Neal: Absolutely. So I think the future of a lot of these organizations and a lot of companies is going to be investing in their own people, in their own teams. And a lot of companies do it, but I think it’s really going to become a fundamental aspect of developing and growing an organization that’s successful, to make sure that we are empowering . . . either growing people into the roles that we need them to have or investing in new people to bring in, to make sure they’re fitting those roles. For instance, there’s a huge demand for technical talent and design talent at different, you know, companies. All over the place you can throw a rock and find, like an open rails job or programmer. And really what’s going on there is the fact that, you know, there aren’t enough people, there’s negative unemployment in tech. And what companies are going to have to do in order to meet that, like that need and that demand, is invest in themselves, and invest in their, you know, in growing those people themselves.
Andrew: Instead of fighting for a small pool of people who are available for these jobs, train your own people to take those jobs yourself. Send them to school. But what about this, forgive me, what I meant to ask was, how do you teach well?
Andrew: Most of us didn’t learn how to teach. Are there a few tactics that you’ve learned, like give people a quick win [SP], or what else have you learned?
Neal: Yes. So we actually, yeah, I have a few tips for that for sure, because we tried some things that weren’t really, you know, that were very much untested in the learning environment. So we employed a lot of unique strategies, in the sense that we do pair programming. So when you come into the class, you’re not just an individual with a laptop that comes and sit down. There’s one computer, one keyboard, one mouse, two people. And what happens when you’re learning with someone else, and you’re collaborating, one’s a driver, and one’s a navigator, is you’re asking questions, you’re thinking through problems differently, and you’re getting a lot more feedback in a short turnaround time, than you would if you were on your own, distracted, doing your own work, reading e-mail, checking other things, not being focused. So that’s one thing we’ve employed. We’ve also done a lot of agile methodology. So think about when you were in college or in high school, what if, at the end of each week when you have class, you got to have a meeting with your teacher with the rest of your students, and give them feedback on their performance, and how well they did, and what you actually learned that week. What if that was an iterative feedback mechanism throughout the school systems? We do that here, and I think that’s something a lot of learning environments can learn from.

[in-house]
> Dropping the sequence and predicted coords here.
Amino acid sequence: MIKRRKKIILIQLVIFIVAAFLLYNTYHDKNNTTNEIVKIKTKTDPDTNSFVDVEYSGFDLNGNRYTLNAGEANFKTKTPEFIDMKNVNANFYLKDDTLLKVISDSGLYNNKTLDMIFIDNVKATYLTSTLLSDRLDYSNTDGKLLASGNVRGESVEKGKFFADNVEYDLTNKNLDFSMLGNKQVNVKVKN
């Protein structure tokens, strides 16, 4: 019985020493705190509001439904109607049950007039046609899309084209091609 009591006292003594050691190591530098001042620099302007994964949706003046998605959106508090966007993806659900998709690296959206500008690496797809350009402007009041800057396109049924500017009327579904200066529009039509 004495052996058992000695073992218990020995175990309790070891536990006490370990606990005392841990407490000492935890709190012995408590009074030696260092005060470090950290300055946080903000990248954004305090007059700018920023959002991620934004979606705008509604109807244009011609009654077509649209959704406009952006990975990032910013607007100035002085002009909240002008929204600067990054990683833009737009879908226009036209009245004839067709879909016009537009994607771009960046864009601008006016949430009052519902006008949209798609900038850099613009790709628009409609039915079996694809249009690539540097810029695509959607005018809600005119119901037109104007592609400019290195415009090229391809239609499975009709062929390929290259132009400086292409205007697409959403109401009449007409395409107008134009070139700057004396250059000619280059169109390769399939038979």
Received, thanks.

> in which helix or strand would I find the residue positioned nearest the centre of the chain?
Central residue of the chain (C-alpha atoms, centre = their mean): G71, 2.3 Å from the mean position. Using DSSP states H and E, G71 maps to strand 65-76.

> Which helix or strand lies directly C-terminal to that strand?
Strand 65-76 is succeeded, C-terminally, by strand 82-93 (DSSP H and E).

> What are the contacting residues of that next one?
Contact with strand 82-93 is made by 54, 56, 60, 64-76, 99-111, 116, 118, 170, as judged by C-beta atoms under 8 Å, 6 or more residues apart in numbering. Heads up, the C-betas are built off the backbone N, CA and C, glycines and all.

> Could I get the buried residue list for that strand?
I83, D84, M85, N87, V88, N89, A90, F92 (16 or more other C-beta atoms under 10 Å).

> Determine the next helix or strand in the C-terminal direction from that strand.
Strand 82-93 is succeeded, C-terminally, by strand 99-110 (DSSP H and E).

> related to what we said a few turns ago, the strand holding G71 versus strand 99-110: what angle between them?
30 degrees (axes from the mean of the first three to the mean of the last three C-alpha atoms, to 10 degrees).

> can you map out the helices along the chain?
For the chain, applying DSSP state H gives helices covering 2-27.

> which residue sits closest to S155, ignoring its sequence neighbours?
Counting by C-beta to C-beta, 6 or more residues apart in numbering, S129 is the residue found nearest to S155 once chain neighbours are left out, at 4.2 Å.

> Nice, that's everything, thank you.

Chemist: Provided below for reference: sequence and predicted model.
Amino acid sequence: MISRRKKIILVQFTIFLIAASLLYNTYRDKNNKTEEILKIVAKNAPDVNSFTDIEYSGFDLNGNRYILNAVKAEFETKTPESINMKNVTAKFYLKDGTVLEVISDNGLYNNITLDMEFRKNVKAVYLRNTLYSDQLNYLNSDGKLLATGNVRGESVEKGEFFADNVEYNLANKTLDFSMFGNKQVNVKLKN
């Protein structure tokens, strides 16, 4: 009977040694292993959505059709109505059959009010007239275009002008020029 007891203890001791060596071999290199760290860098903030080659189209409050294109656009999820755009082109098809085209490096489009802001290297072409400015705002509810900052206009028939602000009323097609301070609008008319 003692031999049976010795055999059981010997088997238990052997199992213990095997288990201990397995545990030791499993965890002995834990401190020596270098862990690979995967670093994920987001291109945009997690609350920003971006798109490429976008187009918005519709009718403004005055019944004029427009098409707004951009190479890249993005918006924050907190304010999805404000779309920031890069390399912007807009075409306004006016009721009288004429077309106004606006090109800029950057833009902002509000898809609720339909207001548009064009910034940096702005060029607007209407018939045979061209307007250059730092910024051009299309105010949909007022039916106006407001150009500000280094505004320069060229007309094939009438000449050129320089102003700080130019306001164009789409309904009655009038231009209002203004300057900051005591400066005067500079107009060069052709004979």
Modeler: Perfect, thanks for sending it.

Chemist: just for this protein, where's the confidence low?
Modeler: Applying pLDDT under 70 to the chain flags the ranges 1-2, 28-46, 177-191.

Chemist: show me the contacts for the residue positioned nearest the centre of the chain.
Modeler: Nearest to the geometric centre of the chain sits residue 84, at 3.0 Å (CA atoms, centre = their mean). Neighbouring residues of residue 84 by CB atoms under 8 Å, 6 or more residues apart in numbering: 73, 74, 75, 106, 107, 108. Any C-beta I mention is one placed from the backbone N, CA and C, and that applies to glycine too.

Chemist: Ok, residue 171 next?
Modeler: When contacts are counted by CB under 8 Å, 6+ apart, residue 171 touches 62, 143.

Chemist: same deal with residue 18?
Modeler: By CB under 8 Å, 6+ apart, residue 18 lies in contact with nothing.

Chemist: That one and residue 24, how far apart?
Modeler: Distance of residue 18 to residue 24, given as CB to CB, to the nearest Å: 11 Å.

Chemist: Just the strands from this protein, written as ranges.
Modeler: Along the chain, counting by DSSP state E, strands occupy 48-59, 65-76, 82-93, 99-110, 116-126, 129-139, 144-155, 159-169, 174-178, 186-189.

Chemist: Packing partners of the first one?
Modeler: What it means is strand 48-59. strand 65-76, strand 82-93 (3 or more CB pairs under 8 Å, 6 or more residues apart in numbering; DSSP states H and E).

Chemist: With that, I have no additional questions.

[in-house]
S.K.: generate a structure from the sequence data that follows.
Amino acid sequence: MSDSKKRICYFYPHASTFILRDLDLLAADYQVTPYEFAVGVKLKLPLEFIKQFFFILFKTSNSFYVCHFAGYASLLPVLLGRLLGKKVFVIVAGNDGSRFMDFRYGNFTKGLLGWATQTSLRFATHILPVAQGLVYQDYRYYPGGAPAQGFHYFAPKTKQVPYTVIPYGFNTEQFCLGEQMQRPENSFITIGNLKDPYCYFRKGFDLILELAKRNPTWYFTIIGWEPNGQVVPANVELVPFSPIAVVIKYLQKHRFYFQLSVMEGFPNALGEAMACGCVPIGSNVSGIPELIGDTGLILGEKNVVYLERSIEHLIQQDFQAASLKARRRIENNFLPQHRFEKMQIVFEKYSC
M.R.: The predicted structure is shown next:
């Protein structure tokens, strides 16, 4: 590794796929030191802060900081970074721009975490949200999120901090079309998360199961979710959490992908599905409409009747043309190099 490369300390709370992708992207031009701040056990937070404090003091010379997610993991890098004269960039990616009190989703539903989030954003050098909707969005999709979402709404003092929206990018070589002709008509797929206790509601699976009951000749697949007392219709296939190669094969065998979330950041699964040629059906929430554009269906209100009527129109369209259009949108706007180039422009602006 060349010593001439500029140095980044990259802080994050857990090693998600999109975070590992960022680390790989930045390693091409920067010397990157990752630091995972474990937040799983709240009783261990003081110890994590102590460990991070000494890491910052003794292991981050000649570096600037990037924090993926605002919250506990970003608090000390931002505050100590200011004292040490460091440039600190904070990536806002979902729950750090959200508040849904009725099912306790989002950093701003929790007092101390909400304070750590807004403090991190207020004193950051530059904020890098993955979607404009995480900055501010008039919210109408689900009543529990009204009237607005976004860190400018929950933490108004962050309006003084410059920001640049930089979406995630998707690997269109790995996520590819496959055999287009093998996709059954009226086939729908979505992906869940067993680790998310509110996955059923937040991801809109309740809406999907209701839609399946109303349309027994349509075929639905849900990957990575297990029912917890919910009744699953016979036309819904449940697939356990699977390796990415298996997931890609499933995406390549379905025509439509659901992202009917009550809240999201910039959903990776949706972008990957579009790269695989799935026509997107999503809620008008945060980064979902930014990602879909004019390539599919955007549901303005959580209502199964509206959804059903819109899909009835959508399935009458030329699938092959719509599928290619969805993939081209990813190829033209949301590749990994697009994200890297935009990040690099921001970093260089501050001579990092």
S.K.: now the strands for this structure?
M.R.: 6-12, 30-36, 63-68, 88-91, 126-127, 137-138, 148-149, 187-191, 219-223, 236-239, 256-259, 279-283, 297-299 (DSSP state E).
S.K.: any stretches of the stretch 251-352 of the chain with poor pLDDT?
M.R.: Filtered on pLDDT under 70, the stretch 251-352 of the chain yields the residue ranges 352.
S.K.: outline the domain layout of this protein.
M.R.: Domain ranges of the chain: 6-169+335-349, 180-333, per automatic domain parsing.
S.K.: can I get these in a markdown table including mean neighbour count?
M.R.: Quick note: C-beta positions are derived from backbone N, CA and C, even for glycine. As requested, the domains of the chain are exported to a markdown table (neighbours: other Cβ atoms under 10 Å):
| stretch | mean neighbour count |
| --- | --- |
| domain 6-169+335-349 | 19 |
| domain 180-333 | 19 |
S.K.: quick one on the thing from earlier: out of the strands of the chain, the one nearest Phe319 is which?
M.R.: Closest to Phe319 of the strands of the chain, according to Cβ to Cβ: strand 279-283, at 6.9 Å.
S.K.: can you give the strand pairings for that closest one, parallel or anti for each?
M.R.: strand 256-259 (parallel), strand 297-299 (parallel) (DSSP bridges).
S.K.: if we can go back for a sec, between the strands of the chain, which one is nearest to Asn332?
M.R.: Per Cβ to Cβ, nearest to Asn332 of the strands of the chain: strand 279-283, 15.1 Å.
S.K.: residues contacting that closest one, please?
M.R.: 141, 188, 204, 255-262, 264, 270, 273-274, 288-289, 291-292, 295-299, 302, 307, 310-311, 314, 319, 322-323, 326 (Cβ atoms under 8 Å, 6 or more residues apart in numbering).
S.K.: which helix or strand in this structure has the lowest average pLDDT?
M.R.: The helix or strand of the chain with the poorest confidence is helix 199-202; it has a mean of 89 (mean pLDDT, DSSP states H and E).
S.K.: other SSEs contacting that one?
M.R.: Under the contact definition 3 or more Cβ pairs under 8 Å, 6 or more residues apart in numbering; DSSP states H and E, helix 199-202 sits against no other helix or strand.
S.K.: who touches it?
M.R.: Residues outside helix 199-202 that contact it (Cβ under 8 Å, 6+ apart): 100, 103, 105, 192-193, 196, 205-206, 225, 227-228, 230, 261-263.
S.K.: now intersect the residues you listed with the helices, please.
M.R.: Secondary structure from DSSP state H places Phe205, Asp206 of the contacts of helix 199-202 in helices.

Andrew: So, Jeff Cohen, at the end of a week we’ll get feedback from all of his students who say, ‘Hey, you know what, the way you explained that, way too fast.’
Andrew: “The way you explain that, just too slow. I got it, move on already.”
Andrew: That’s the kind of thing that we’re talking about.
Neal: And in addition to that, they also say, “This is something that really stood out to me that was really effective.” And basically, we log those things so that in the future courses and the future classes, we make sure to highlight those things and improve them each time.
Andrew: All right. It’s an exceptional program, I’ve heard a lot about it, and I’m really grateful to Jason from 37signals for introducing us. If people want to go check out the program, it’s thestarterleague.com, right?
Andrew: Excuse me, starterleague.com. You have a really simple domain name. And if they want to thank you directly for doing this interview, and being so helpful, what’s a good way for them to contact you?
Neal: Find me through twitter, nealsolace, spelled nealsales, is really easy to contact me. Also email@example.com.
Andrew: All right. Neal, congratulation on the success, and I’m looking forward to more and more interviews, as you build this thing up bigger and bigger and bigger.
Neal: Andrew, thank you so much.
Andrew: You bet. Thank you all for being a part of it. Bye guys, bye guys.
Walker Corporate Law – Scott Edward Walker is the lawyer entrepreneurs turn to when they want to raise money or sell their companies, but if you’re just getting started, his firm will help you launch properly. Watch this video to learn about him.
Grasshopper – Don’t make the mistake of comparing Grasshopper with other phone services. Check out their features and you’ll see why Grasshopper isn’t just a phone number, it’s the virtual phone system that entrepreneurs (like me) love.
Shopify – Remember the interview I did about how the founder of DODOCase sold about $1 mil worth of iPad cases in a few months? He used Shopify. It’s dead simple and very effective. To get a longer free trial, use this code: Mixergy